In a historic feat, the Multidisciplinary Association for Psychedelic Studies (MAPS) has raised $30 million to complete the final phases of its clinical trials for MDMA-assisted psychotherapy to treat Post Traumatic Stress Disorder (PTSD). Should the results remain positive, the treatment will be the first psychedelic-assisted psychotherapy to gain approval by the FDA.
"We finally raised the $30 million we need to complete our Phase III trials- which is utterly amazing to us." says Rick Doblin, founder of MAPS. "In the middle of the pandemic and a global financial meltdown, within a couple of months, we raised $30 million in multi-year pledges. And that'll be enough for us to get the treatment approved, assuming the data works out, in the US, Israel, and Canada."
While the bulk of the funding came from members of the Psychedelic Science Funders Collaborative, the organization received smaller donations from over 2,500 people, including members of the public.
The news comes after an interim analysis of ongoing Phase III clinical trials by an independent data community that the trials are more than 90% likely to achieve statistically significant, positive results, and the release of its full clinical data from its Phase II trials. While full data from Phase III trials will not be available for some time, results from Phase II trials showed that 56% of patients treated with MDMA-assisted psychotherapy no longer met the criteria for PTSD at a two-month follow-up. This compares to just 23% of those in control groups treated either with regular psychotherapy or psychotherapy alongside a lower dose of MDMA.
What's more, at the 12-month follow-up, the number of people who no longer met the criteria for PTSD in the MDMA group rose from 56% to 67%. When asked why this was the case, Doblin said that the therapy teaches people strategies to process fearful emotions. Continuing to apply these beyond therapy then allows them to continue the recovery process.
Given the high upfront costs of MDMA-assisted psychedelic therapy, the curative factor beyond treatment itself is important for larger-scale adoption. The treatment so far requires two psychotherapists per patient for twelve 90-minute regular psychotherapy sessions and three 8-hour long MDMA sessions. The fact that results are not only sustained but continue to improve afterward, makes the therapy more financially viable for healthcare systems, insurance companies, and patients' pockets.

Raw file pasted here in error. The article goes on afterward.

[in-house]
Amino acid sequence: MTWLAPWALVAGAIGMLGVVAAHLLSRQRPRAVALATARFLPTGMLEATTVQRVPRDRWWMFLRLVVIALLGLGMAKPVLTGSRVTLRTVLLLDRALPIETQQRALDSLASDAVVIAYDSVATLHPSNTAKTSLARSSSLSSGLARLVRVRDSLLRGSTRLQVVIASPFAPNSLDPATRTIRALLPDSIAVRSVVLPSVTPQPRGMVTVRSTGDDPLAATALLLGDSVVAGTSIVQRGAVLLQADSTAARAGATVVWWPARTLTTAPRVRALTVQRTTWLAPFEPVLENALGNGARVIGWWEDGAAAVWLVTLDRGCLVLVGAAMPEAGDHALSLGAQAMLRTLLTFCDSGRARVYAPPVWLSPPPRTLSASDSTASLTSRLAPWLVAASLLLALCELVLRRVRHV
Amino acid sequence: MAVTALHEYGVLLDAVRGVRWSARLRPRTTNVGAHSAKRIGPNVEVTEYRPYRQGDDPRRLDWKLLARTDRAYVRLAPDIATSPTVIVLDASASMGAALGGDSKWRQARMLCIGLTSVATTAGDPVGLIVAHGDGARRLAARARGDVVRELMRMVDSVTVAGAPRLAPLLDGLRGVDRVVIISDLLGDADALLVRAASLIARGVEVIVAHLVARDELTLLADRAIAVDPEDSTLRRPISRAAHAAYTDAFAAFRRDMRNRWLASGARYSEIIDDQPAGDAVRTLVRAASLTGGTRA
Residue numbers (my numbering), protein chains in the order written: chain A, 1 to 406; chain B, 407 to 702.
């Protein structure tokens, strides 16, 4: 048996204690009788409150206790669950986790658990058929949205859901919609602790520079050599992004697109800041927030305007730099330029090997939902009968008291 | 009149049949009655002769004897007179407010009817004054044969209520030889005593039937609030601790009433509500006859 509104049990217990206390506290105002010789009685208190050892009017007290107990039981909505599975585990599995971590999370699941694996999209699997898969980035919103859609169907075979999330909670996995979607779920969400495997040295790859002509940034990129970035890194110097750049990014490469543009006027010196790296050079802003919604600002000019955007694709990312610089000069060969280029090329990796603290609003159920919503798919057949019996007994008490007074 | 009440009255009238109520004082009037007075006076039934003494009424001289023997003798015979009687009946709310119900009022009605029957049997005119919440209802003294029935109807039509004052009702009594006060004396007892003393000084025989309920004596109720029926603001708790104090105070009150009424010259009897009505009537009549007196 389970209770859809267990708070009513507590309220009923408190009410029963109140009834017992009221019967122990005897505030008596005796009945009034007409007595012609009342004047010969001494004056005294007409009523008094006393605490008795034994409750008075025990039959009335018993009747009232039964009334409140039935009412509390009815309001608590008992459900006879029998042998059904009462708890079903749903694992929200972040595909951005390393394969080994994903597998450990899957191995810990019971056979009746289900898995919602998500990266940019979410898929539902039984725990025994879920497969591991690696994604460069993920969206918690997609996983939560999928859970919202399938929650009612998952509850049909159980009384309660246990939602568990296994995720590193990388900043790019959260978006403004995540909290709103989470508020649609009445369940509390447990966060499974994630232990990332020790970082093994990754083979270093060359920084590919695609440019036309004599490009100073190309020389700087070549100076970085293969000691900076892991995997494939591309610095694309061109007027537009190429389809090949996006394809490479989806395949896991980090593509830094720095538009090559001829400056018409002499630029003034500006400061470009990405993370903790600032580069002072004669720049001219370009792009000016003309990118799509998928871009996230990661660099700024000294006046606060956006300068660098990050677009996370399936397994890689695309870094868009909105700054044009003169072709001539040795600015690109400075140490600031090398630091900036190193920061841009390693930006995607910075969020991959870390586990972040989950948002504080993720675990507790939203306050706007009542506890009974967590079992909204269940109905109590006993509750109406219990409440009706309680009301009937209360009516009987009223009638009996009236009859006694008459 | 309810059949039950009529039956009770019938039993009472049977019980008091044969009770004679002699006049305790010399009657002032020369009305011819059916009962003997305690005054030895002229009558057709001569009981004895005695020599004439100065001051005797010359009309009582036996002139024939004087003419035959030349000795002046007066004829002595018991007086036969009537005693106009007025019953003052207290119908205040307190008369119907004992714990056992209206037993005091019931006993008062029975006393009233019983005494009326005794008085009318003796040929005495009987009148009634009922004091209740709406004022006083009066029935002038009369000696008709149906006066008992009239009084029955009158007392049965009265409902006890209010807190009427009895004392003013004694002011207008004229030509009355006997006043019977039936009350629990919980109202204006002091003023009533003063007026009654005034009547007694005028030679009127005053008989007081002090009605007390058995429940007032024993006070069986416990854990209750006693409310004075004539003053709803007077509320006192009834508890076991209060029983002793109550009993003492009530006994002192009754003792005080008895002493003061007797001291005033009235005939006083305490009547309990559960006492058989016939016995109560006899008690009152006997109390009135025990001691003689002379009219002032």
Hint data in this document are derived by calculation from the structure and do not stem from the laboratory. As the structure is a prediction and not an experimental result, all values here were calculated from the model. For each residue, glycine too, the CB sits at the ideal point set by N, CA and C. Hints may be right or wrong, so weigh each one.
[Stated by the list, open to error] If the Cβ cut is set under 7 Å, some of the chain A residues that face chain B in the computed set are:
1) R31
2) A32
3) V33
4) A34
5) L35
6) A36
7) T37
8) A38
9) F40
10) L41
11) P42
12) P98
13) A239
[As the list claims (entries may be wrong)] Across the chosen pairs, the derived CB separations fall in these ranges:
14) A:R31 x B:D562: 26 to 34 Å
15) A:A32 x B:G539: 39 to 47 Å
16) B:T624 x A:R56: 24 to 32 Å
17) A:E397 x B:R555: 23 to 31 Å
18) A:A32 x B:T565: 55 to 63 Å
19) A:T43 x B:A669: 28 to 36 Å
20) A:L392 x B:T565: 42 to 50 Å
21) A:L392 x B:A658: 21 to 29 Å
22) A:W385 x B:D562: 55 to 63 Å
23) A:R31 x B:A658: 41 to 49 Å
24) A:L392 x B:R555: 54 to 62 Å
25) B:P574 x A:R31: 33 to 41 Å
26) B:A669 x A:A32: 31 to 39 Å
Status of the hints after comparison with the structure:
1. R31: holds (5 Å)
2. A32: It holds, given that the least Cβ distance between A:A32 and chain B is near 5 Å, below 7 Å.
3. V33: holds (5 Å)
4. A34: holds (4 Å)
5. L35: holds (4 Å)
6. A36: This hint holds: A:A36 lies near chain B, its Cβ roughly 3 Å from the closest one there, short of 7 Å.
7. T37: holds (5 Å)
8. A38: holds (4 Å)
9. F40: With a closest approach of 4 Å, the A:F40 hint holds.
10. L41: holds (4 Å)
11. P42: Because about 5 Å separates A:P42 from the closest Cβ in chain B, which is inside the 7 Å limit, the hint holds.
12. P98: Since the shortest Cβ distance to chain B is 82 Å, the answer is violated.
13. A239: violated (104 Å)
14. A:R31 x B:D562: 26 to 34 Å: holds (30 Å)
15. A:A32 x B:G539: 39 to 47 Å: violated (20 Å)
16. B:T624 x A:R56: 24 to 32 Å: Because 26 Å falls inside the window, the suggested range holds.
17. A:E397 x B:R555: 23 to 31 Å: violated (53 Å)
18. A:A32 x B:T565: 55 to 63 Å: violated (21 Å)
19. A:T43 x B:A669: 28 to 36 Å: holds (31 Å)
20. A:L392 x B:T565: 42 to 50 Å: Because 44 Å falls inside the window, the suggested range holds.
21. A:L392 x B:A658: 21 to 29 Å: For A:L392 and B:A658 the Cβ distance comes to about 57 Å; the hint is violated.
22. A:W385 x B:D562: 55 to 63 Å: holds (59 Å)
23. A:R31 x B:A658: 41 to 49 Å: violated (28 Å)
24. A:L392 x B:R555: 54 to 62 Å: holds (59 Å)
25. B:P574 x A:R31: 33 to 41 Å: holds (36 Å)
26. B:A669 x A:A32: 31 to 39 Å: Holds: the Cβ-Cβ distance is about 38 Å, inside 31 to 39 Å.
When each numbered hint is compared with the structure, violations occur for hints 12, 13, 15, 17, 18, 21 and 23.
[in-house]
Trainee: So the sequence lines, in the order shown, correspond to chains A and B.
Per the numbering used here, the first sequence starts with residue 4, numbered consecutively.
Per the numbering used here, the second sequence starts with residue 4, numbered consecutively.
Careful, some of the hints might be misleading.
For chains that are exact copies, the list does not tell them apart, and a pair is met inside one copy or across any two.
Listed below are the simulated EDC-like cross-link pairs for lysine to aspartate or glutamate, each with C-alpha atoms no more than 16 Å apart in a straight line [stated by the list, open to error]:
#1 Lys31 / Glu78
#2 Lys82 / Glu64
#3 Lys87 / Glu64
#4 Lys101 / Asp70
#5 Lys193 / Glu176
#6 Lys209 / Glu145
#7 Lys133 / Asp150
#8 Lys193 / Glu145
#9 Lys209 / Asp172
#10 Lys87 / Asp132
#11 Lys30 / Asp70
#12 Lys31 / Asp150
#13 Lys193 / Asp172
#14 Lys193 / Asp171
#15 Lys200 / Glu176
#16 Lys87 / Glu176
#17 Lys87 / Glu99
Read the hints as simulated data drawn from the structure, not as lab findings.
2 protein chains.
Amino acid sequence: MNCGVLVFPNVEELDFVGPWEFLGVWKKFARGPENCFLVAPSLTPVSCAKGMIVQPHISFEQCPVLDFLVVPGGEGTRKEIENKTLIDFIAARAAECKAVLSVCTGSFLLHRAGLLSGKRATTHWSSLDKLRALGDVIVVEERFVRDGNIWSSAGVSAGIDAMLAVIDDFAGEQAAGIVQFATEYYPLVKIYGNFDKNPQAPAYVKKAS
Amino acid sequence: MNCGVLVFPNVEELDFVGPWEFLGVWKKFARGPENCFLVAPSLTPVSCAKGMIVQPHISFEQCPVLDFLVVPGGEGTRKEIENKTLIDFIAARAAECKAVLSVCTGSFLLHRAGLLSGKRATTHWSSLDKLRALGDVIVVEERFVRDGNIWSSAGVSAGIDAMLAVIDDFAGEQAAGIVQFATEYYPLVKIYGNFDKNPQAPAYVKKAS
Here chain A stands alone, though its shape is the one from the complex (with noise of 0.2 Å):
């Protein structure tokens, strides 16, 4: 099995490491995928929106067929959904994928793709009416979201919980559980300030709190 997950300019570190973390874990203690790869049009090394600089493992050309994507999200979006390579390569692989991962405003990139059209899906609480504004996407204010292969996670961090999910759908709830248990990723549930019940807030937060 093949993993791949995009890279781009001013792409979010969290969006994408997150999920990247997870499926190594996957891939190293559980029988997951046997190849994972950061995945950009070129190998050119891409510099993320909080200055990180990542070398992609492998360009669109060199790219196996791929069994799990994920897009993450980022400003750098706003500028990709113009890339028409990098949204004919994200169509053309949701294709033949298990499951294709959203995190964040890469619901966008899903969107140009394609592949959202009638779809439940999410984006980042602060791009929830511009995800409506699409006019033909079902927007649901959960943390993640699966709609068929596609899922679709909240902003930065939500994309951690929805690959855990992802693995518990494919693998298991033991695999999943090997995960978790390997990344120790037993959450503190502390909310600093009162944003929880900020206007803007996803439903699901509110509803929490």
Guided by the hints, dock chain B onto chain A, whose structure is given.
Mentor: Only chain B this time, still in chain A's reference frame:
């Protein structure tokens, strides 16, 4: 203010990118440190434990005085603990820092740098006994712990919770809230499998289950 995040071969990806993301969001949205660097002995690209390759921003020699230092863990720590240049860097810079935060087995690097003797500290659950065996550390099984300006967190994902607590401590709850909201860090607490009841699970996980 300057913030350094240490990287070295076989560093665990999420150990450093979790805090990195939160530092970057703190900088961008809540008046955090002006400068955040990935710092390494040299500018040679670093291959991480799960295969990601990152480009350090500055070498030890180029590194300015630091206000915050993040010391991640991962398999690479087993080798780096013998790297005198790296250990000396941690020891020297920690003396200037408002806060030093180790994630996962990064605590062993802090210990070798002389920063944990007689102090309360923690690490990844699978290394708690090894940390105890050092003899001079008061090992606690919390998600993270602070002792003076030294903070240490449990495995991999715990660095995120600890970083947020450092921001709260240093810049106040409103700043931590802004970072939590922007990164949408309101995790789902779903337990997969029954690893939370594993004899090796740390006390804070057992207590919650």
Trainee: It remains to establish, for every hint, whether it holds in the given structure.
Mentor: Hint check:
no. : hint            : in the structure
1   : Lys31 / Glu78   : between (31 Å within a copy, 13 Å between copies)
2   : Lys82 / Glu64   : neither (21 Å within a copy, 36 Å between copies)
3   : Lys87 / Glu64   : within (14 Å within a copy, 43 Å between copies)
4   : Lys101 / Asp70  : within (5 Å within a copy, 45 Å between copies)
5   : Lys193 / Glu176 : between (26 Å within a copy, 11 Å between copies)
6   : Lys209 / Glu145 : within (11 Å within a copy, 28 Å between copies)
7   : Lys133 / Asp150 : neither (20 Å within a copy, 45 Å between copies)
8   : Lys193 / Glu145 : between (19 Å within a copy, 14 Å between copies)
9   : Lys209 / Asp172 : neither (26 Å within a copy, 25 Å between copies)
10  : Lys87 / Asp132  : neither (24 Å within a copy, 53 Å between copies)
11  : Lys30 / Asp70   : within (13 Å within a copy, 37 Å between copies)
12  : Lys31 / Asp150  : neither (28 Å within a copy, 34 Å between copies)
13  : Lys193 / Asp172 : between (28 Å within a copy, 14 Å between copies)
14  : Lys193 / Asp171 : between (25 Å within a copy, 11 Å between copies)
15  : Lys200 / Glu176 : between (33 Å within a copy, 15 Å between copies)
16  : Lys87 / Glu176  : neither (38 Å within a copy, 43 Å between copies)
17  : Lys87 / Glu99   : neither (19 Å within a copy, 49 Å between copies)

But how does MDMA work? While its mechanisms are not yet completely understood, current research shows that it is able to reduce activity in the amygdala (the brain's emotional center) as well as increase levels of oxytocin, the 'love hormone', known to enable trust and social bonding. Suppressing activity in the amygdala allows patients to access and process fearful memories with less pain. Meanwhile, increasing oxytocin makes it easier for patients to form a strong bond with their therapists- a key factor for improving treatment outcomes.
Currently, MAPS has just concluded its the first part of its Phase III trials and hopes to have preliminary data available in September. Due to disruptions from the COVID-19 pandemic, the organization could not open several of its Phase III trial sites in the US, Israel, and Canada. This means that FDA approval of the treatment will likely be delayed by a few months to a year- achieving certification either in late 2022 or early 2023.
Regardless of when approval happens, however, the team at MAPS remains positive. According to Doblin and many others in the field, should MDMA-assisted psychotherapy gain FDA approval, within just a few years, we may very well see psychedelic clinics popping up around the world in their thousands.
As such, they believe that FDA approval for MDMA-assisted psychotherapy will be a large blow to the current stigma- and taboo- around taking psychedelics. And in doing so, it may just help them not just become a frontline mental health treatment, but also a quintessential part of self-care and personal growth.